Date of Graduation

Summer 8-3-2017

Document Type

Project

Degree Name

Doctor of Nursing Practice (DNP)

College/School

School of Nursing and Health Professions

Department/Program

Nursing

Program

Executive Leader DNP

First Advisor

Keith Dawson, DNP, MS, RN, NEA-BC

Second Advisor

Mary Lynne Knighten, DNP, RN, NEA-BC

Abstract

Early deterioration in adult medical-surgical patients is associated with increased intensive care unit and hospital mortality (Goldhill, 2001). Failure to recognize deterioration is a preventable patient safety and quality issue. To address this problem, since 2013, Kaiser Permanente Northern California (KP NCAL) has piloted Advance Alert Monitor (AAM) at two hospitals. This early warning system employs a set of predictive models developed by the KP NCAL Division of Research, which automatically predicts patient deterioration within the next 12 hours based on a complex algorithm of laboratory and clinical data points. Improvements in mortality and length of stay have been realized at the two pilot hospitals. In anticipation of expansion to additional NCAL facilities, major changes to the AAM workflows and processes were developed that increased the sensitivity of the patients identified at risk for clinical deterioration, as well as the timeliness and clarity of clinical response. Expansion to two additional pilot hospitals using these revised processes rely on the evidence-based implementation strategies found in this Doctor of Nursing Practice project. This paper examines the planning, assessment, and implementation of early warning systems at two NCAL facilities using Rogers’ diffusion of innovation theory and Greenhalgh’s extension of Rogers’ theory.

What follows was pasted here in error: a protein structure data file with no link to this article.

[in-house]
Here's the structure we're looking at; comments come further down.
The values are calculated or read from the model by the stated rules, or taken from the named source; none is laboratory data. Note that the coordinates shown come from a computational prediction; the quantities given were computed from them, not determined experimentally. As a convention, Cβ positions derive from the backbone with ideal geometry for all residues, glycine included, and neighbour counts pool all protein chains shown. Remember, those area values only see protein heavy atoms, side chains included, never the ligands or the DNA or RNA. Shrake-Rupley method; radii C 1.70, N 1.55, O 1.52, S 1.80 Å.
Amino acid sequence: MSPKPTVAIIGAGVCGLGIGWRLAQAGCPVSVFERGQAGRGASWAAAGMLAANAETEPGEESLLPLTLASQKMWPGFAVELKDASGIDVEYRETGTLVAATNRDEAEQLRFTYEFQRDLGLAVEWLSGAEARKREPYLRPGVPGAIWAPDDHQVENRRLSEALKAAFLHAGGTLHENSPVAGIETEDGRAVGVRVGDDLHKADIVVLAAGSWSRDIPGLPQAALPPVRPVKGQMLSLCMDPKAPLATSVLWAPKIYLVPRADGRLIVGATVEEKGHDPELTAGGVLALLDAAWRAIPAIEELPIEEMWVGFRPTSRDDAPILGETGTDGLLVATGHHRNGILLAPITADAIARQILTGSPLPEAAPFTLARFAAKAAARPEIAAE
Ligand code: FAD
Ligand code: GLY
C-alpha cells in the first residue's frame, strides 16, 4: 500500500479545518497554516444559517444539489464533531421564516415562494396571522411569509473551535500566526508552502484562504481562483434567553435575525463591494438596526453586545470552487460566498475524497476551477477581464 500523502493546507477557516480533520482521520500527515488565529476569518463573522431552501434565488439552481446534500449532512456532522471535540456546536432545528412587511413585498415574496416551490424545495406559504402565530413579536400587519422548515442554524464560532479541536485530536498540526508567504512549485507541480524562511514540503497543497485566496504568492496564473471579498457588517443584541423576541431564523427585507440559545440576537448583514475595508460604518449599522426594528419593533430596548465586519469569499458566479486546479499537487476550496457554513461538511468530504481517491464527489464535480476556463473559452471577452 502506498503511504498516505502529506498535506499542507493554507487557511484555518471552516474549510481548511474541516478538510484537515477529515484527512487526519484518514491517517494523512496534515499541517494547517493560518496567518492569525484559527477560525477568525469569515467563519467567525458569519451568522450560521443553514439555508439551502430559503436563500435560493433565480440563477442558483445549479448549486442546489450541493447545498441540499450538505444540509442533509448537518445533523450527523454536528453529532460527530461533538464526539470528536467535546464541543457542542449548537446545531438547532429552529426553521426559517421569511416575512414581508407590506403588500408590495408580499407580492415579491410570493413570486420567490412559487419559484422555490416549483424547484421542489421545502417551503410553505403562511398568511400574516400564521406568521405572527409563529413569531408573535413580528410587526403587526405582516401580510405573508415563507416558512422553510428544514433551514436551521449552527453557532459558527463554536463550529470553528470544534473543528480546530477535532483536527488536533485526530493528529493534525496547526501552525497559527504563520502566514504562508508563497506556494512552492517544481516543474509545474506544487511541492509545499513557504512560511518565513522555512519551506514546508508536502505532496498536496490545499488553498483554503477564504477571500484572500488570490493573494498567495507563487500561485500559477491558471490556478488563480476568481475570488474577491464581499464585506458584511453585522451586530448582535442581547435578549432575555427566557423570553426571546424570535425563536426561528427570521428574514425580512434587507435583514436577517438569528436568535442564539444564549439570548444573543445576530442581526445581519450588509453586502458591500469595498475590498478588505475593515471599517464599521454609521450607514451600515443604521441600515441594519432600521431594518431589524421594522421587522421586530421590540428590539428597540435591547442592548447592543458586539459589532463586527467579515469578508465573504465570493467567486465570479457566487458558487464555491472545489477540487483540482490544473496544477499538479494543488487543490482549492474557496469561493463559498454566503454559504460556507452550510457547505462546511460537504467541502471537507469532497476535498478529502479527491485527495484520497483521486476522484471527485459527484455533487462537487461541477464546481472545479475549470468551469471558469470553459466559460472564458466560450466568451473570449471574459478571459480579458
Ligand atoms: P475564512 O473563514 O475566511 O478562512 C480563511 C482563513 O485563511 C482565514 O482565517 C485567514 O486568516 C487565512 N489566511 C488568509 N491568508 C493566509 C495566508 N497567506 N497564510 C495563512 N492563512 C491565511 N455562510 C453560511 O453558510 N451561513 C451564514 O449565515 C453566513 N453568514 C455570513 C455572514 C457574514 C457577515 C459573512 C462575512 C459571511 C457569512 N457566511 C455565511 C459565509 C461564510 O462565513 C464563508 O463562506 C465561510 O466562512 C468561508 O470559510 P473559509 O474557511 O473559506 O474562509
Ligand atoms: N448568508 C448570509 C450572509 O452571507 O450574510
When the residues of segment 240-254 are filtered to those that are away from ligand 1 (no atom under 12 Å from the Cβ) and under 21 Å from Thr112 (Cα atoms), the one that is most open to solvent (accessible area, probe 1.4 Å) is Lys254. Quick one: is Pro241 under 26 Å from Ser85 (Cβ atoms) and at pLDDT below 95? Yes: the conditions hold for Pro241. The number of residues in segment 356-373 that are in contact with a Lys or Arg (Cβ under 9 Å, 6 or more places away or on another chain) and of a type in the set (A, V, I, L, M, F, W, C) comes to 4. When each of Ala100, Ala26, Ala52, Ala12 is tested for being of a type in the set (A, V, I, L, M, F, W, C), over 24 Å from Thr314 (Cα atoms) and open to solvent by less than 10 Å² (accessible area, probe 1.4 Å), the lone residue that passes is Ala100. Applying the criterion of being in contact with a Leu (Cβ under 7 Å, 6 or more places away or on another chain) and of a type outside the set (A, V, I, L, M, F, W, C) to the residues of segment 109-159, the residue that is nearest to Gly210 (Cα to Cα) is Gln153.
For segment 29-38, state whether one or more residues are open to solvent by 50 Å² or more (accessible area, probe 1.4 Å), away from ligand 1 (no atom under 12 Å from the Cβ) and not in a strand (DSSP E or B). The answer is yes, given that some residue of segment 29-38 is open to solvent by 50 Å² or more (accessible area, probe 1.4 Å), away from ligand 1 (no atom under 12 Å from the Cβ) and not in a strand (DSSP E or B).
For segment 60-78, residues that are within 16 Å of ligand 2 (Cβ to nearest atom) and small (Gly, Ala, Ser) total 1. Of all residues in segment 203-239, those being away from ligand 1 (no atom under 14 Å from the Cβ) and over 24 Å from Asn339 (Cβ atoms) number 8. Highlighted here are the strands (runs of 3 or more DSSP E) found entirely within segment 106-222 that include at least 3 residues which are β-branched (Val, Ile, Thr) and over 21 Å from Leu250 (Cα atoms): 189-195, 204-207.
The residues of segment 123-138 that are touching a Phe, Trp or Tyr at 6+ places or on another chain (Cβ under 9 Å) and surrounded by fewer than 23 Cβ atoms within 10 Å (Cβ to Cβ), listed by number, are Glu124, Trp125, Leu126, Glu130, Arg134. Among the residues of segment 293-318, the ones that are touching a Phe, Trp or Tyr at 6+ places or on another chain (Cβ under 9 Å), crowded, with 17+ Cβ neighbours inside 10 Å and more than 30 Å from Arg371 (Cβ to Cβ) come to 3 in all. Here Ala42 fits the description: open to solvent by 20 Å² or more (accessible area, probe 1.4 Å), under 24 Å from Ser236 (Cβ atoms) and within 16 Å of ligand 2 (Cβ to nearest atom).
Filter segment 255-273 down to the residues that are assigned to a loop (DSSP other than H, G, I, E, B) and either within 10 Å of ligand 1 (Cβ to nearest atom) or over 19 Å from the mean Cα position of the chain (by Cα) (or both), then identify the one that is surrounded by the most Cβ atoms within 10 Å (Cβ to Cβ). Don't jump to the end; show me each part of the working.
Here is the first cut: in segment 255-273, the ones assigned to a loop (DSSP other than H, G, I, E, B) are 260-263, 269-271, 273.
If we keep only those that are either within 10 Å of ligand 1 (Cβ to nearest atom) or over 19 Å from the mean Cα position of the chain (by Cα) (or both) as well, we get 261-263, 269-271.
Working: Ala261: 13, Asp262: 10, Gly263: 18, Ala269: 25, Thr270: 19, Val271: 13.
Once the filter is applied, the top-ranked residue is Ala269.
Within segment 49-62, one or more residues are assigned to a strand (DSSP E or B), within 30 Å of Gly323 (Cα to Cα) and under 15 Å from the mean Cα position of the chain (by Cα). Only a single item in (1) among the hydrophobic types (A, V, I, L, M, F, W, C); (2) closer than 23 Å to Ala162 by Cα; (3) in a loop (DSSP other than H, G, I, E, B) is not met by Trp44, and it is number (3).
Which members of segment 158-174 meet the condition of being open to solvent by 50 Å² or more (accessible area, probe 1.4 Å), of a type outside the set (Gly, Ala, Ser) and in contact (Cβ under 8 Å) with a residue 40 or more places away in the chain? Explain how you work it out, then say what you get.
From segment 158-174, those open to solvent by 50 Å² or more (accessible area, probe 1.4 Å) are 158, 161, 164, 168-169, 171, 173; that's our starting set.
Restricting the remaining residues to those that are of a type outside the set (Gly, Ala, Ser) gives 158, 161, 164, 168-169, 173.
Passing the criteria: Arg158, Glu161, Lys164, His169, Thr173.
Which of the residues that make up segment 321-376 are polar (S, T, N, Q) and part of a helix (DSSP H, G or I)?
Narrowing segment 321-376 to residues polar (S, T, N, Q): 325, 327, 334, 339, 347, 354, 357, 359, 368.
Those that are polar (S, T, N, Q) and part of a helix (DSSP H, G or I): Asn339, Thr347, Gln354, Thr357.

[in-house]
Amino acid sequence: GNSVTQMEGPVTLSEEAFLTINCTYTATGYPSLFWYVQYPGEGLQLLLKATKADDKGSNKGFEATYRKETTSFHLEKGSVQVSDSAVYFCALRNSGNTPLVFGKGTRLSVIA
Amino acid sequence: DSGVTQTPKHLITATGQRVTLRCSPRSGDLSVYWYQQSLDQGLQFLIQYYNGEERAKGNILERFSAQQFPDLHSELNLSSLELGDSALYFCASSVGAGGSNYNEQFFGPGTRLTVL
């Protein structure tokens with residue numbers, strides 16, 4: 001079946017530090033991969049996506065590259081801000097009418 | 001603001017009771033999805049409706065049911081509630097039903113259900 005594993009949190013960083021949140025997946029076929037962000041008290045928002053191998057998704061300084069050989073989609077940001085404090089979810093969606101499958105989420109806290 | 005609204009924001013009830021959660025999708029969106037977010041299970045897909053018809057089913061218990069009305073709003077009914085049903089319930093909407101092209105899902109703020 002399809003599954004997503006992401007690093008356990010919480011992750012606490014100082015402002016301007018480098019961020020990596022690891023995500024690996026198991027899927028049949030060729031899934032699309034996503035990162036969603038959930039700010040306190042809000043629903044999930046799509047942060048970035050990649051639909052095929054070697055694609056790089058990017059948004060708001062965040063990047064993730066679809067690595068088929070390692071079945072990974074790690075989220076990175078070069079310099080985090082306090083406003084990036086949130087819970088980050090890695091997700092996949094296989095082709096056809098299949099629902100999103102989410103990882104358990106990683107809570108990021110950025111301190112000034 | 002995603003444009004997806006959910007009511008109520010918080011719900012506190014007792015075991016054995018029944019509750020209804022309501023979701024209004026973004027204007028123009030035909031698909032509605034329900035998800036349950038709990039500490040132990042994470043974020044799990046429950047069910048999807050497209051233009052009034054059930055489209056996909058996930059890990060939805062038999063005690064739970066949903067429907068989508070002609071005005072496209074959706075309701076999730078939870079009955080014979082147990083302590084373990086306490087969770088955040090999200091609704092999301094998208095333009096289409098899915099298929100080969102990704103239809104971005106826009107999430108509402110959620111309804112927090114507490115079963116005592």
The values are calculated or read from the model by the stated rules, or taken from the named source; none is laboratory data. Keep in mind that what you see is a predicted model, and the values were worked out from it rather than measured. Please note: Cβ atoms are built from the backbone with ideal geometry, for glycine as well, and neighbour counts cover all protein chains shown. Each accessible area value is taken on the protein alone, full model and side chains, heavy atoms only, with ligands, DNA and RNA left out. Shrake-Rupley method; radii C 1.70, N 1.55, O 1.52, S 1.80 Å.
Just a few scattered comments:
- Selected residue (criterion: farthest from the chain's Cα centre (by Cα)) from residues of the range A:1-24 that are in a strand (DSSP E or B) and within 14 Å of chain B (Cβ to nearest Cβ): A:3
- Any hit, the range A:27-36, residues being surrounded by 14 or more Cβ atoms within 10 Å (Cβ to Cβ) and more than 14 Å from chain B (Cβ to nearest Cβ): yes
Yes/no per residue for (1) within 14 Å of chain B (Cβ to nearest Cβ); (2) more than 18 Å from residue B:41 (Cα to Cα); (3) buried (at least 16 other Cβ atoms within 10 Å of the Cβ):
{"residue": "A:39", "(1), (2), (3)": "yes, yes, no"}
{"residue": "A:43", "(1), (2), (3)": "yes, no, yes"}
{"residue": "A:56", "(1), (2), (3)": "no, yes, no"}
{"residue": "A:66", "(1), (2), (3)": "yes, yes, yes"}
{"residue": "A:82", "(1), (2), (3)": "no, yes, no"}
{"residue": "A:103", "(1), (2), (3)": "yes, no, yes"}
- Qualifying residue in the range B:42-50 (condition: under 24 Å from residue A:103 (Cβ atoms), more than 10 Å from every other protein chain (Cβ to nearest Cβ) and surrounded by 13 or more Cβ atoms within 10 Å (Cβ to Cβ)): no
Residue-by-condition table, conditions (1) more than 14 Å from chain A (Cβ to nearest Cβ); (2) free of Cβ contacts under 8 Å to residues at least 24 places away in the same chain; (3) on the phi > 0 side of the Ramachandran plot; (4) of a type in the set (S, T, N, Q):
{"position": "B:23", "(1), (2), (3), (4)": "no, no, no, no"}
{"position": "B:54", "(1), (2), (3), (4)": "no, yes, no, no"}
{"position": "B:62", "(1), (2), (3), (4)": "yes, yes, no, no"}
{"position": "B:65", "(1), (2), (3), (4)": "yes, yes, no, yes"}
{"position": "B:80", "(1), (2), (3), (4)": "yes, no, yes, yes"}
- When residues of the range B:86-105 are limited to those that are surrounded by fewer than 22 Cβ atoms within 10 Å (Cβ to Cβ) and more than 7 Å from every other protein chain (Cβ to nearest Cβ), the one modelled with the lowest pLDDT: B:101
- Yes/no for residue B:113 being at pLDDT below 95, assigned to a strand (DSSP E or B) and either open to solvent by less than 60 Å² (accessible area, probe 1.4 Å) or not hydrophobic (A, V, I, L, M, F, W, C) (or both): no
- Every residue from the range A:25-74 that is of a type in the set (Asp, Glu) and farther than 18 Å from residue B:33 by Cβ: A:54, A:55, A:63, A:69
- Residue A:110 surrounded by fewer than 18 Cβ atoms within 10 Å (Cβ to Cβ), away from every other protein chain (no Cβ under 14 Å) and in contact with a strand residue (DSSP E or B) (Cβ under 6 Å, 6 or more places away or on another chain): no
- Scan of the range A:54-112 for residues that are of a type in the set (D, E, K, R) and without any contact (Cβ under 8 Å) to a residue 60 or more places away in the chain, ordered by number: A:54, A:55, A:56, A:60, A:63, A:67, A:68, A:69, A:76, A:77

Key attributes need to be considered from a cultural and organizational perspective to both start and sustain an implementation. The success of AAM implementation is validated using specific outcome and process measures, including compliance with documentation and timeliness of workflows.